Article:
James Bond descends into mystery as he tries to stop a mysterious organization from eliminating a country's most valuable resource. All the while, he still tries to seek revenge over the death of his love.
A fake Fabergé egg and a fellow agent's death lead James Bond to uncover an international jewel-smuggling operation, headed by the mysterious Octopussy, being used to disguise a nuclear attack on N.A.T.O. forces.
Is there solace in revenge? Bond and "M" sniff a shadowy international network of power and corruption reaping billions. As Bond pursues the agents of an assassination attempt on "M," all roads lead to Dominic Greene, a world-renowned developer of green technology. Greene, a nasty piece of work, is intent on securing a barren area of Bolivia in exchange for assisting a strongman stage a coup there. The CIA looks the other way, and only Bond, with help from a retired spy and from a mysterious beauty, stands in Greene's way. "M" wonders if she can trust Bond, or if vengeance possesses him. Beyond that, can anyone drawn to Bond live to tell the tale? Written by
The media in 2008 reported that Gemma Arterton once had six fingers on each hand. This is a condition known as polydactyly. She called it her "little oddity". Bond villains have long been famous for having some kind of physiological dysfunction. To date, no Bond movie villain characters have had this trait, though Dr. No (1962) had metal hands, Carl Stromberg in The Spy Who Loved Me (1977) had webbed-hands and there was also Mr. Goldfinger (1964). Lee Fu-Chu in the Bond novel "Brokenclaw" was born with his left hand's thumb on the opposite side of his palm whilst The Sheik villain in the Eurospy movie Agent 505: Death Trap Beirut (1966) has four fingers. See more »
Bond arrives at the opera and steals a 'goody bag' which contains the Quantum earpiece, he tips the bag into a sink in the men's restroom to examine the contents. The sink appears to have a tap (faucet) which operates automatically when hands are placed beneath yet the water does not flow when Bond is searching through the stuff in the sink. See more »
Italian Police Officer:
Station from Patrol 48 - grey Aston Martin followed by a black Alfa Romeo driving towards the quarries. Gunshot fire.
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The iconic "James Bond gun barrel" sequence, not seen in its traditional format since Die Another Day, is incorporated into the closing credits. See more »
Stop the directors! Stop the editors! I want to get off!
This is the first time I ever came out of a Bond film at the cinema thinking, 'I enjoyed almost none of that.' And there was no mystery for me as to why I felt this way. I didn't have to weigh up the other pros and cons (it is not an unsophisticated film) or think far or deeply. I couldn't stand Quantum Of Solace because ninety-five percent of its action sequences are appallingly directed and edited. Endless, wobbly extreme closeups are cut together too rapidly into a meaningless dirge which prohibits you from discerning anything about the nature of the scene.
How many cars are participating in this car chase? Will I be allowed to glimpse anyone's face in this scene other than Bond's? Will I be allowed to glimpse even Bond's face? Which boat is in front? Where is anything in relation to anything else, ever? And just what was that? That blur in front of me for the past half a second, what the hell was it? The answers to these questions respectively throughout Quantum of Solace are, 'I have no clue, no, no, I don't know, I will never know, I don't know, I still don't know.'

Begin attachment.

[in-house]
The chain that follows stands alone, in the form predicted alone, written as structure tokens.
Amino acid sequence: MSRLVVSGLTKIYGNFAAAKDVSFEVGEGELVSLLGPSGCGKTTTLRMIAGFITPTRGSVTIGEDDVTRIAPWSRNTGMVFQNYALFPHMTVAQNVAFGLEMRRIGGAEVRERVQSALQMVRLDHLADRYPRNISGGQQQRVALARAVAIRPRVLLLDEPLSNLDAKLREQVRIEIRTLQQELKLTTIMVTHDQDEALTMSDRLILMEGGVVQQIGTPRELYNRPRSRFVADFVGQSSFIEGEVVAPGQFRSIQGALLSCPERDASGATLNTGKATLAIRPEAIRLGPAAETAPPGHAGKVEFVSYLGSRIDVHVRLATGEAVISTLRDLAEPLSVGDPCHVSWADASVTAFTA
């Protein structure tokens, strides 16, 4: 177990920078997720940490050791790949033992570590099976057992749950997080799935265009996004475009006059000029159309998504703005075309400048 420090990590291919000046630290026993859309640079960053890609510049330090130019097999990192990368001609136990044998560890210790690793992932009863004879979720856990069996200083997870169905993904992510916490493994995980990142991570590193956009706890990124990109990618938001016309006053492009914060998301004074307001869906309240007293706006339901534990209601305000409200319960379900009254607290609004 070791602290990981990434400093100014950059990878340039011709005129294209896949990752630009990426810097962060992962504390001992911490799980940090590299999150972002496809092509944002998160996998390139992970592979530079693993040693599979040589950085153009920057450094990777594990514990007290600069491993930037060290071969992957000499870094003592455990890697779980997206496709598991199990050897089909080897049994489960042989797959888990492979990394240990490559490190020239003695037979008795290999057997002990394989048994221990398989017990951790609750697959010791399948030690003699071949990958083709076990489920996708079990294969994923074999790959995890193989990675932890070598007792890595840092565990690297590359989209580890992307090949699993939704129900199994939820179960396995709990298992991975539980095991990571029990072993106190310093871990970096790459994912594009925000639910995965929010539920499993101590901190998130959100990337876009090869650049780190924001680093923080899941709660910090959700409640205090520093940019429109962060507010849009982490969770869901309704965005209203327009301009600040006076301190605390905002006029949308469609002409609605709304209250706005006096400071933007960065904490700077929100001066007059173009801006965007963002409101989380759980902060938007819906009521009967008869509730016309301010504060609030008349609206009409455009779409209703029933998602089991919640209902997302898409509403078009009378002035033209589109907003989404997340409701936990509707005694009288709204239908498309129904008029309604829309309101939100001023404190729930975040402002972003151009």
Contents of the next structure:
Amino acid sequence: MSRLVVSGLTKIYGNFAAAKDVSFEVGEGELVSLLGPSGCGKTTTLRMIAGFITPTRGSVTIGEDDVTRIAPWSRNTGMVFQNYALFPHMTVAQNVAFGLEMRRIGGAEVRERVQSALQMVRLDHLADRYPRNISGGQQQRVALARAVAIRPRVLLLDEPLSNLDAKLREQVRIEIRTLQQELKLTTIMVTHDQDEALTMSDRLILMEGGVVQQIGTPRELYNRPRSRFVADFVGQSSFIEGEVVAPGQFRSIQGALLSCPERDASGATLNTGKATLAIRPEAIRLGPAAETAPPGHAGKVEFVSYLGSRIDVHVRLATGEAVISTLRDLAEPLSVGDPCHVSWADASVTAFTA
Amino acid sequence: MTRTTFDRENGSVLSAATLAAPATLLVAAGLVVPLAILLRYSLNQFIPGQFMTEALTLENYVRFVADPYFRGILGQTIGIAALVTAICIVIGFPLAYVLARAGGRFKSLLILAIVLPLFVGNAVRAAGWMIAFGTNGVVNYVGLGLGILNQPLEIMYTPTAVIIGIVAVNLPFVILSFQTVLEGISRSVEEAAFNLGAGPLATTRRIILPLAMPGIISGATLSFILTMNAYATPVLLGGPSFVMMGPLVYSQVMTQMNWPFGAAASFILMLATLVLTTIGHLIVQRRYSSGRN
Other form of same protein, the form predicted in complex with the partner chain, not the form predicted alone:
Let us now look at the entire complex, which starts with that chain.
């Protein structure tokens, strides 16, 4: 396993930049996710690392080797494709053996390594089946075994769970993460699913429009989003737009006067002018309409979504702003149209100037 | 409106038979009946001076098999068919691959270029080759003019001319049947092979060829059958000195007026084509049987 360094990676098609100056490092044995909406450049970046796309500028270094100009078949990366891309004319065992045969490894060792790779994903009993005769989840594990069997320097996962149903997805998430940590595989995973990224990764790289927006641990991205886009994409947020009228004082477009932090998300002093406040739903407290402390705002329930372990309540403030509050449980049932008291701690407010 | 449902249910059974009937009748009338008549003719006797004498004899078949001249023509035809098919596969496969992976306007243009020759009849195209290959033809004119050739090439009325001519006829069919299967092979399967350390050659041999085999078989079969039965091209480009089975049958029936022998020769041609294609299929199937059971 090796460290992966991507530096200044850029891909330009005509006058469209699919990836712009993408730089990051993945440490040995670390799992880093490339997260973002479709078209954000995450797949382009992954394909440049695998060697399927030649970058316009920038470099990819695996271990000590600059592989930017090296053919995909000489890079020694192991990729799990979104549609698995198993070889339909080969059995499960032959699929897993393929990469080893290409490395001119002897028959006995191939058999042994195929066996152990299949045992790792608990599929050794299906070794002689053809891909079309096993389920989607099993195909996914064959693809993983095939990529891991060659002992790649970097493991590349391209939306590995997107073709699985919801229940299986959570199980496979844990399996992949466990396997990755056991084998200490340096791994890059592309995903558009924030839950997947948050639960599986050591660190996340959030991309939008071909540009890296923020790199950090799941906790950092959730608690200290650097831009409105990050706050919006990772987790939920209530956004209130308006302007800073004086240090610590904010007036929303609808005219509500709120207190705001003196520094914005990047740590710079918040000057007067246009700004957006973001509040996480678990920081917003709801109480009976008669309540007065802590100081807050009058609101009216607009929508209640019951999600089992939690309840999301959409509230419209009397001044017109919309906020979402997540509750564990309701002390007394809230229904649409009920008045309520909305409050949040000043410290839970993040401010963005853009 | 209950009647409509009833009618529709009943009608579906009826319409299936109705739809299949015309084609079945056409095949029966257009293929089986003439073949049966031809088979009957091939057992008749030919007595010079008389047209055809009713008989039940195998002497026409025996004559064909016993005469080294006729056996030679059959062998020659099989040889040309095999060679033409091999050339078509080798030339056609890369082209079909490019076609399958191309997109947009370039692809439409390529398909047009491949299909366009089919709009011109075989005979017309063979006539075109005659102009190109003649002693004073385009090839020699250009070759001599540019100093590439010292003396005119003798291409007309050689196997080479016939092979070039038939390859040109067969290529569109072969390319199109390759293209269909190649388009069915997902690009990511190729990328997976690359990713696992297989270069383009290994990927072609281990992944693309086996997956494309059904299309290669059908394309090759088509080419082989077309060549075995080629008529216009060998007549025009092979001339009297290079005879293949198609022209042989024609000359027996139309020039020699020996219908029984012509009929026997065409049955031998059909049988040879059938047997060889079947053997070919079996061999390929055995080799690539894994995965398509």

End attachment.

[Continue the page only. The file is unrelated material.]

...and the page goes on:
I'm tired of reading any defence for the most extreme incarnation of this style of action coverage. It is purposeless obfuscation. It's anti-exciting, annoying and just plain rubbish. Bond films in particular are known for their history of spectacular action and stunts, and if you briefly consider any eighties Bond film, you'll recall that somewhere in it was a long, held shot of something amazing. People fighting on the back of an airborne plane, racing cars through Paris or pursuing each other down a mountain on skis. Compared to any one of those scenes, everything in Quantum is a disgrace, incapable of engendering marvel or wonder.
Perhaps I should try to be less catastrophic about the direction of cinema in general and just apportion blame directly to the guy from the Bourne films whose second unit did this to Quantum, and to Marc Forster, who directed the film, and either sanctioned or did not repel the Bourne-on-steroids content. Call me Mister Insane, but I demand the context, information and sense of place delivered by even the occasional wide shot. To see how Bond kung-fu'd an elevator full of guys would be cool, right? The event happens in this film, but what you actually see is a camera jerking crazily over ten inch wide patches of dark clothing, to the accompaniment of cabbages being walloped on the soundtrack. Imagine if Bruce Lee tried to get away with this crap. And this wasn't a well considered case of indicating what had just happened by offering the impression of it rather than the depiction of it, it was simply a continuation of the house style.
Quantum Of Solace takes anti-illuminating film-making to new, stupid lows!
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